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Restaurant Review: Hart and Fuggle pop up restaurant off Brick Lane

There is a twitter and food blogging zeitgeist in London.  It tells you that @HawksmoorLondon is good for steak, @Beas_Bloomsbury does tea and @Moolis does, erm, moolis?  And, well, its spot on for that.
The zeitgiest also keeps you informed about up and coming things such as an exclusive pop up restaurant or a new supper club.  There is one problem with this – and it might just be my problem – that it comes with a peculiar form of blogging guilt. I remember when I first went to Hawksmoor with an intent to blog I was nervous about whether I was going to have a good meal.  I didn’t want to go, have a bad one, and then face the possibility that I was going to offend someone (i.e. the person from Hawksmoor who tweets under the name of @HawksmoorLondon).  Luckily it was just as nearly every other meal I have had there; good and expensive (review here).
Now that fear has remained but has thankfully not been manifested; well until I went to Hart and Fuggle. I first heard about this on Twitter and excitedly booked. It was less of a supper club/ underground restaurant and more in the style of the Reindeer Restaurant (from the Bistroteque guys) and their excellent pop up in the Truman Brewery many years ago.
So what are my lasting impressions of the meal?  Having discussed this with Gideon, my date for the evening, we both agree it was in a very nice room and very prettily decorated.  A stylist’s dream.  It was held in the Ragged Factory which is a cool space just off Brick Lane that I have been to before to see some art exhibitions and degree shows.
Erm.  What else?  Well the people we sat next to were fun. Gideon could have left with either a new boyfriend or a new girlfriend.

Still, this was meant to be about the food and we paid £30 for it. Well it was a prepared starter/ pudding and roasted main kind of thing.

Now there are all kinds of reasons why I feel guilty about being blunt about the place or even bothering to review it.  One, that the zeitgeist says I should be nice about it.  Two, that it was only a temporary kitchen for a limited time and they hadn’t found their feet.  Three, that half the profits were given to charity.  Now I recognise this and wince as I write this but I just didn’t see the point in Hart and Fuggle.  For the food I would go elsewhere, for the room I can visit as a gallery and for the charity I can donate directly.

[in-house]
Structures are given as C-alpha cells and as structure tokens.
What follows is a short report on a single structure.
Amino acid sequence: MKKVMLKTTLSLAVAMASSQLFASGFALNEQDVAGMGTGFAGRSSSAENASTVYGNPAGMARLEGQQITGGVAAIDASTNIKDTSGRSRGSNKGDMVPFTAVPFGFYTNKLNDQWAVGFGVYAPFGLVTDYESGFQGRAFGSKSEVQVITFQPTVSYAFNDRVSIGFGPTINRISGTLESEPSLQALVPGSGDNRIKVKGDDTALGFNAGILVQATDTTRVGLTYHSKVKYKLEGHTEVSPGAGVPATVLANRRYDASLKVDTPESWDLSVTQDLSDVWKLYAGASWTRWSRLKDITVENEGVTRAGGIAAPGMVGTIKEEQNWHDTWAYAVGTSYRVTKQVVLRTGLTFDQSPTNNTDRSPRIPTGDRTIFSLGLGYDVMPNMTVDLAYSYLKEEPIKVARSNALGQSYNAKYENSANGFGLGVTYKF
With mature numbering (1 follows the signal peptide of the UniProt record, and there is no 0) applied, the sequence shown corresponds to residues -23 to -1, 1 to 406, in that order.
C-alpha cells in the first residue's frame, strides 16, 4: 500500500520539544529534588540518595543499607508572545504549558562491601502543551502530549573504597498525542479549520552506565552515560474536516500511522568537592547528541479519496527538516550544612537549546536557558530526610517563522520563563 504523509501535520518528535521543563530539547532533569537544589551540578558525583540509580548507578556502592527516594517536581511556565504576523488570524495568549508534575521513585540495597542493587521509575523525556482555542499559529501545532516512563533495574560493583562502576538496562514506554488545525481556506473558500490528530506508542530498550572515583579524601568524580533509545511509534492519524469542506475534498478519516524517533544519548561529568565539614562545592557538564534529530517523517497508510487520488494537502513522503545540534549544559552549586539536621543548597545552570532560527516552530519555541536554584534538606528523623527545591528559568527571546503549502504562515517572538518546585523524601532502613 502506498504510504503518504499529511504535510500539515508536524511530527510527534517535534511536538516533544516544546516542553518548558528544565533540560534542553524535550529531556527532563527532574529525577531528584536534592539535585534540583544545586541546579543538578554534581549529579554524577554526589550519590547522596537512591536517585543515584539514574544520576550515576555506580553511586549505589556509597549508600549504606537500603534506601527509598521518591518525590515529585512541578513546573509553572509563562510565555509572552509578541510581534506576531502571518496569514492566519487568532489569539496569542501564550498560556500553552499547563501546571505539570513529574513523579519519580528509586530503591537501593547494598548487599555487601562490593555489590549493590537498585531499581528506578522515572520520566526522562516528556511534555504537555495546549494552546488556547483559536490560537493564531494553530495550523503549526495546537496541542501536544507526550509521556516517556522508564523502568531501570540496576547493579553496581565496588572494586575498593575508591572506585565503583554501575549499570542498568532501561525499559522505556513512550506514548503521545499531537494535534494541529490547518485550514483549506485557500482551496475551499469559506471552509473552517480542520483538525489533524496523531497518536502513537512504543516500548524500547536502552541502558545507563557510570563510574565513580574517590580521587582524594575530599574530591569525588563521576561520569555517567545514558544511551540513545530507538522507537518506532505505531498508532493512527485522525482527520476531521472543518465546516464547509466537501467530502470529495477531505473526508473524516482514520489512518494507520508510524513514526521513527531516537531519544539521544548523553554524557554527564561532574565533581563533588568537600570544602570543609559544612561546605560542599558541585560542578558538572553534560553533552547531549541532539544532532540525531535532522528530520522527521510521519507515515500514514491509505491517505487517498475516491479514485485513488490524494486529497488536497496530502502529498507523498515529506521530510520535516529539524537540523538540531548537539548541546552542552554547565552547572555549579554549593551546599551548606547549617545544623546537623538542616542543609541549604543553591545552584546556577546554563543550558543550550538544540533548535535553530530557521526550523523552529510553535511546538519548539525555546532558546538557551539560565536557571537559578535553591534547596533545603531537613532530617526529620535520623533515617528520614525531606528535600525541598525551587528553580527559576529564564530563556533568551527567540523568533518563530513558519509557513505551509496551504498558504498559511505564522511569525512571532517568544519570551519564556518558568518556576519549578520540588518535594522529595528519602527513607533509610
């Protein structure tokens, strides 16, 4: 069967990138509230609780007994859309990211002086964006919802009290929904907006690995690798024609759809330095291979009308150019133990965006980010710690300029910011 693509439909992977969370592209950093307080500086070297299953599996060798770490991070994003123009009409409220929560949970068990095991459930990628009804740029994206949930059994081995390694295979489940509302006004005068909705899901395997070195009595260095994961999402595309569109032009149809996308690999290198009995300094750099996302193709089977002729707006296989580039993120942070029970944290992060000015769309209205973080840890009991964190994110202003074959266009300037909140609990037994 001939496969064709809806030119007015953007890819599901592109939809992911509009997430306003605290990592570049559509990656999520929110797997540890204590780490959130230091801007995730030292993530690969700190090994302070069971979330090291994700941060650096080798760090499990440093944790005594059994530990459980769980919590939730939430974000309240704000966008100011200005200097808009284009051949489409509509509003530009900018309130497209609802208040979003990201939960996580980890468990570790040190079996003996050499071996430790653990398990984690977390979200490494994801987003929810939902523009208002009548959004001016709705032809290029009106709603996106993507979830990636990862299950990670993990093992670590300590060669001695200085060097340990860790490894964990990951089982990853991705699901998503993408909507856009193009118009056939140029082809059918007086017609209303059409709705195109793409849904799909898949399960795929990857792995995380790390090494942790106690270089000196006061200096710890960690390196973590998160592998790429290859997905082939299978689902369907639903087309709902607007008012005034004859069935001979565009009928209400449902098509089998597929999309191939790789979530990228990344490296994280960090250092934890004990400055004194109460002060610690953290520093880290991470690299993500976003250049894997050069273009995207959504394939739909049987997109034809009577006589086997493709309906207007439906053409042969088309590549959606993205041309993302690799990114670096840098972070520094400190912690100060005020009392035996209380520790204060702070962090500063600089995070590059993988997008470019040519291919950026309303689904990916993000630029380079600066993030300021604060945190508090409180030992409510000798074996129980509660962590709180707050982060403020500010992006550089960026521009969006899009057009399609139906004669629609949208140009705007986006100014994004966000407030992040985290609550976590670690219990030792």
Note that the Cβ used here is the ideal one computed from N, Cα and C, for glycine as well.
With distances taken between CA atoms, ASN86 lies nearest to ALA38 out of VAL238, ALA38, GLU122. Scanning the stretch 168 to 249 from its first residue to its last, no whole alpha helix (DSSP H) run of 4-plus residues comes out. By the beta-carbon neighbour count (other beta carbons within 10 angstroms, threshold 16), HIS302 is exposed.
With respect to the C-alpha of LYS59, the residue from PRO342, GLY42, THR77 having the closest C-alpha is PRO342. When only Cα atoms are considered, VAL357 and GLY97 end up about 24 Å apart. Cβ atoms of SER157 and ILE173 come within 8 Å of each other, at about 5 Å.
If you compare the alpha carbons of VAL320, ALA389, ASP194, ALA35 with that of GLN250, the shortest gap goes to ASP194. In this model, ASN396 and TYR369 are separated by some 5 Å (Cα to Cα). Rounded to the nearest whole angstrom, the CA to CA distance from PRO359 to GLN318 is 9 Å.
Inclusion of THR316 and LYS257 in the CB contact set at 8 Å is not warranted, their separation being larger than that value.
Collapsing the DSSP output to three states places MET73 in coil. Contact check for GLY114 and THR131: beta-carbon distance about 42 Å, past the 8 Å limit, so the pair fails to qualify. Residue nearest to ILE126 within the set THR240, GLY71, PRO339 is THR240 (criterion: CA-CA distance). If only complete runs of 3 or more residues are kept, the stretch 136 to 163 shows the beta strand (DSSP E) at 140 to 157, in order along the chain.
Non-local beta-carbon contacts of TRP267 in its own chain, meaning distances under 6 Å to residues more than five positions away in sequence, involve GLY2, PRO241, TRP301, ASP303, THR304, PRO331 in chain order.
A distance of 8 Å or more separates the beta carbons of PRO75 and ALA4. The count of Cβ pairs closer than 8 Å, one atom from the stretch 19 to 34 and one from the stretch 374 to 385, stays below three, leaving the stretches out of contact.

Price – £30


  1. Mr Noodles

    Blogger guilt is a weird emotion. Other than getting hacked off with various professional critics (three times and counting), I do try to find some good in every place I visit. I guess I've been lucky that I've only ever totally slated a place once (so far) !

  2. Tom

    I growing increasingly unsure whether someone can call themselves a "professional critic" unless they go to restaurants in disguises. I respect and admire the New York Times writers who used to go to extraordinary lengths to conceal who they were. Our critics are more interested in selling the celebrity of themselves…

  3. Kang

    I think it's perfectly fine to disagree with the zeitgeist every now and again. Everyone's palate is different, and we all have varying degrees of experiences, expectations and benchmarks. At the end of the day, any review is one opinion and one perspective on the meal, it is not definitive. That's the beauty of it as well right, that different critic/bloggers have opposing views? For the record, I didn't enjoy my visit to Hawksmoor. I thought it was above average, but it certainly wasn't as great as some claim it to be.

  4. The Grubworm

    In a strange way, I think being honest about the food etc is a good thing for all concerned. If you're always nice then people will never improve, and wonder why they go out of business. The secret, and most difficult thing, is to be honest without being unfair or offensive. It's a really difficult balance to get, and one that many 'professional' critics let lapse into personal grandstanding.

  5. Tom

    Kang – I have to say that is why I generally like the NY scene more as there are hundreds of different bloggers and you can pick out the person who had a bad but once off experience from amongst the hundreds who had great meals.

    Hawksmoor is a place I have probably been to +50 times now over the years and I generally think it is worth it (which is about the most basic test from a restaurant that pricey). Still as you said, different experiences.

    Grubworm – I know. I like a bit of grandstanding as it is entertaining but often you get caught up in the elation of using words rather than actually thinking about the meal. Having a blog has generally been positive so far as I think it has made me somewaht more considered in my thoughts about meals

  6. Lizzie

    I try not to say where I'm going now, not only do random people from twitter turn up (this happened to me last week) but I feel obliged to give feedback. It's good to be honest; we're just blogging our opinions anyway.

  7. Tom

    Lizzie – I hope I don't have to start using a fake name : ) Though it could be fun choosing one…

    I generally forget to say where I am going on twitter as I am too hungry to remember to do so.

  8. Samantha

    Hmmmm,yummy!!By the way what do you mean by word zeitgiest?just asking.!I hope I could also come to Hart and Fuggle..Nice blog!